A limitation of liability clause in a contract reduce exposure by limiting the amount or type of damages for which the breaching defendant is responsible. For example, a limitation of liability clause may limit a company’s liability to:
- Only the compensation/fees paid under the contract
- Damages other than, say, lost profits or consequential damages
- A capped amount
Limitation of liability clauses are generally enforceable under Arizona law. The rationale is that commercial parties should be free to negotiate these provisions as they see fit, as they are in the best position to order their own affairs. It is important, however, that the provisions are clear, unambiguous, and conspicuous.
Although enforceable, limitation of liability clauses can be avoided. First, a party who has breached a contract in bad faith may not rely on a limitation of liability clause in the contract. In other words, if the defendant has acted to impair the right of the plaintiff to receive the benefit of the agreement, the defendant cannot then breach and raise the limitation of liability clause to limit the plaintiff’s damages.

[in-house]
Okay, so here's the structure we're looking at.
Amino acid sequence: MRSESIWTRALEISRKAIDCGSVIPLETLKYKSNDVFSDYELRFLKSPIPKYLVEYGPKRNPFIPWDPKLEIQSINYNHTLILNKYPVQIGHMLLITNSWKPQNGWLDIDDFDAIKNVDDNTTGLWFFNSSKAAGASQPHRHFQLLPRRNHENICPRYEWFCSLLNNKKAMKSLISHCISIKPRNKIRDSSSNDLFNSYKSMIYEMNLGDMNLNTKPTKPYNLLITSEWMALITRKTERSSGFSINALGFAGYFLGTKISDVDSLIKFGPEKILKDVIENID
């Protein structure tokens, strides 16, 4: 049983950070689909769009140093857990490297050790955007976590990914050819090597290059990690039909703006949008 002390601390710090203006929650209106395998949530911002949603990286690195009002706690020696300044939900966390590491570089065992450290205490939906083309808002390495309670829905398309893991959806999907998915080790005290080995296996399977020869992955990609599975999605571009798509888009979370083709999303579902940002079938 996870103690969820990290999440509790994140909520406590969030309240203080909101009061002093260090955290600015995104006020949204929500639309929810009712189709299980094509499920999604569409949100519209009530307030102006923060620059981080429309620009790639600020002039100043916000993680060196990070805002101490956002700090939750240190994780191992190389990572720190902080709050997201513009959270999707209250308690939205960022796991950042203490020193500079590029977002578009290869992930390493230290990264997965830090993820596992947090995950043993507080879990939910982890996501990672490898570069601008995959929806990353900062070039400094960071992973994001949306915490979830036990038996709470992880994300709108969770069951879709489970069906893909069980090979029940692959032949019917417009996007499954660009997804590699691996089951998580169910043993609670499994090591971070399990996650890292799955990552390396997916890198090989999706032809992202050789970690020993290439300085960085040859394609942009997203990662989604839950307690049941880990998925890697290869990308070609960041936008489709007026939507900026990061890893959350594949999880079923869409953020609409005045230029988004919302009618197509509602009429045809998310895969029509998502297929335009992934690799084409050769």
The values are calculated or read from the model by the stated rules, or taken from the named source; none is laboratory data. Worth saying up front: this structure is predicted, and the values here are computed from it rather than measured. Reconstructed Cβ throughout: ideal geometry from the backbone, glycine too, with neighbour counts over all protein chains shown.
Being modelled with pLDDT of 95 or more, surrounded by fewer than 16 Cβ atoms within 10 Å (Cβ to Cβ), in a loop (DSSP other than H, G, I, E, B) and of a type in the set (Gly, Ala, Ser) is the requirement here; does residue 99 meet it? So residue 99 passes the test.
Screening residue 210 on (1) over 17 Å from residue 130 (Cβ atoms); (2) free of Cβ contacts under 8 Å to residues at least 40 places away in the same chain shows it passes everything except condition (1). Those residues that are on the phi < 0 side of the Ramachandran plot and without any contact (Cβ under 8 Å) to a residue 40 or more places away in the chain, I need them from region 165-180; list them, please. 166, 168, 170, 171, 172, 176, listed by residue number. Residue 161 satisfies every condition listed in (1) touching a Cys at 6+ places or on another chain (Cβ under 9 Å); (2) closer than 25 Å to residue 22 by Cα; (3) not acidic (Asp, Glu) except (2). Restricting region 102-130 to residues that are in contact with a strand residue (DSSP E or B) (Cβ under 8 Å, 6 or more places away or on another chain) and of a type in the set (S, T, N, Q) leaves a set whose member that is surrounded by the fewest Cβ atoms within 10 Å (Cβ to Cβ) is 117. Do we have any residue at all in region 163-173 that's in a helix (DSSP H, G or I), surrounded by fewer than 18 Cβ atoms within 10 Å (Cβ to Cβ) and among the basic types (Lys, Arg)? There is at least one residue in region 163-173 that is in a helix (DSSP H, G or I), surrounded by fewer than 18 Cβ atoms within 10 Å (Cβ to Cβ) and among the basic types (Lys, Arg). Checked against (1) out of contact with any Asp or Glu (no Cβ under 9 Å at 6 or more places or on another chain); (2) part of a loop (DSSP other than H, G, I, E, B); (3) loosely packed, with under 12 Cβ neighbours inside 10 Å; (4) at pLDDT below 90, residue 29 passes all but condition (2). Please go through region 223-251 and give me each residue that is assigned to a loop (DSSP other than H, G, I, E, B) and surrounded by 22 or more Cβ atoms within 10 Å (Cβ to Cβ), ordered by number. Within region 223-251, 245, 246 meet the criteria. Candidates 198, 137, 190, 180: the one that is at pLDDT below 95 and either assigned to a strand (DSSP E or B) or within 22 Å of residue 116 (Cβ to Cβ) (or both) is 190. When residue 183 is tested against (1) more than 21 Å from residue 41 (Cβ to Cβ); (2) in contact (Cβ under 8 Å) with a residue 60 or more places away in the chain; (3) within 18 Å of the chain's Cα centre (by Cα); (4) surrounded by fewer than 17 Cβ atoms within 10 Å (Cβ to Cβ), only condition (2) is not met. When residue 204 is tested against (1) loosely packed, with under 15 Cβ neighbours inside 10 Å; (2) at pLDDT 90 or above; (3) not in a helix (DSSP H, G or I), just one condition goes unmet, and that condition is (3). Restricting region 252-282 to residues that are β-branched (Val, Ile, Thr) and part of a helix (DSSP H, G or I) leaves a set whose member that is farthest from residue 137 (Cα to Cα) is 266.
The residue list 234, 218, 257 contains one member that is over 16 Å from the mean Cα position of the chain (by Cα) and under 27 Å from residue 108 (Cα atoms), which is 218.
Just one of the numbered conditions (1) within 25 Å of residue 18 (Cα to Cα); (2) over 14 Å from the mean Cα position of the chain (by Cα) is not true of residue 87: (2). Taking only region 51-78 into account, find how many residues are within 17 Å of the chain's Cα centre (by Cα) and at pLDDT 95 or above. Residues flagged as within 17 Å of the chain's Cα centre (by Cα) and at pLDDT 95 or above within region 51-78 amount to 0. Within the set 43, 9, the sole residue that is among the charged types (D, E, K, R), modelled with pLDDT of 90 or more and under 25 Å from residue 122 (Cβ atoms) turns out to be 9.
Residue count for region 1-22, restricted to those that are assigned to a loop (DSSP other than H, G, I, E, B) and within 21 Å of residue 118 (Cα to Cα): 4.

Second, under the Uniform Commercial Code, such a clause is invalid where the circumstances cause it to fail of its essential purpose.
Third, the limitation of liability clause cannot be unconscionable. Thus, where a tomato grower sued its seed dealer for lost profits because the infected seeds it bought caused all of the plants to die, the court held that the dealer could not rely on the limitation of liability clause. Under the circumstances, that clause failed of its essential purpose and was unconscionable.
Contract litigation can be complex. Skilled representation is necessary. Williams Commercial Law Group, L.L.P., is a law firm with decades of experience in commercial litigation, including employee lawsuits, IP infringement, business divorce, aviation, and high stakes litigation. Contact us at (602) 256-9400 and schedule a time to meet with us today.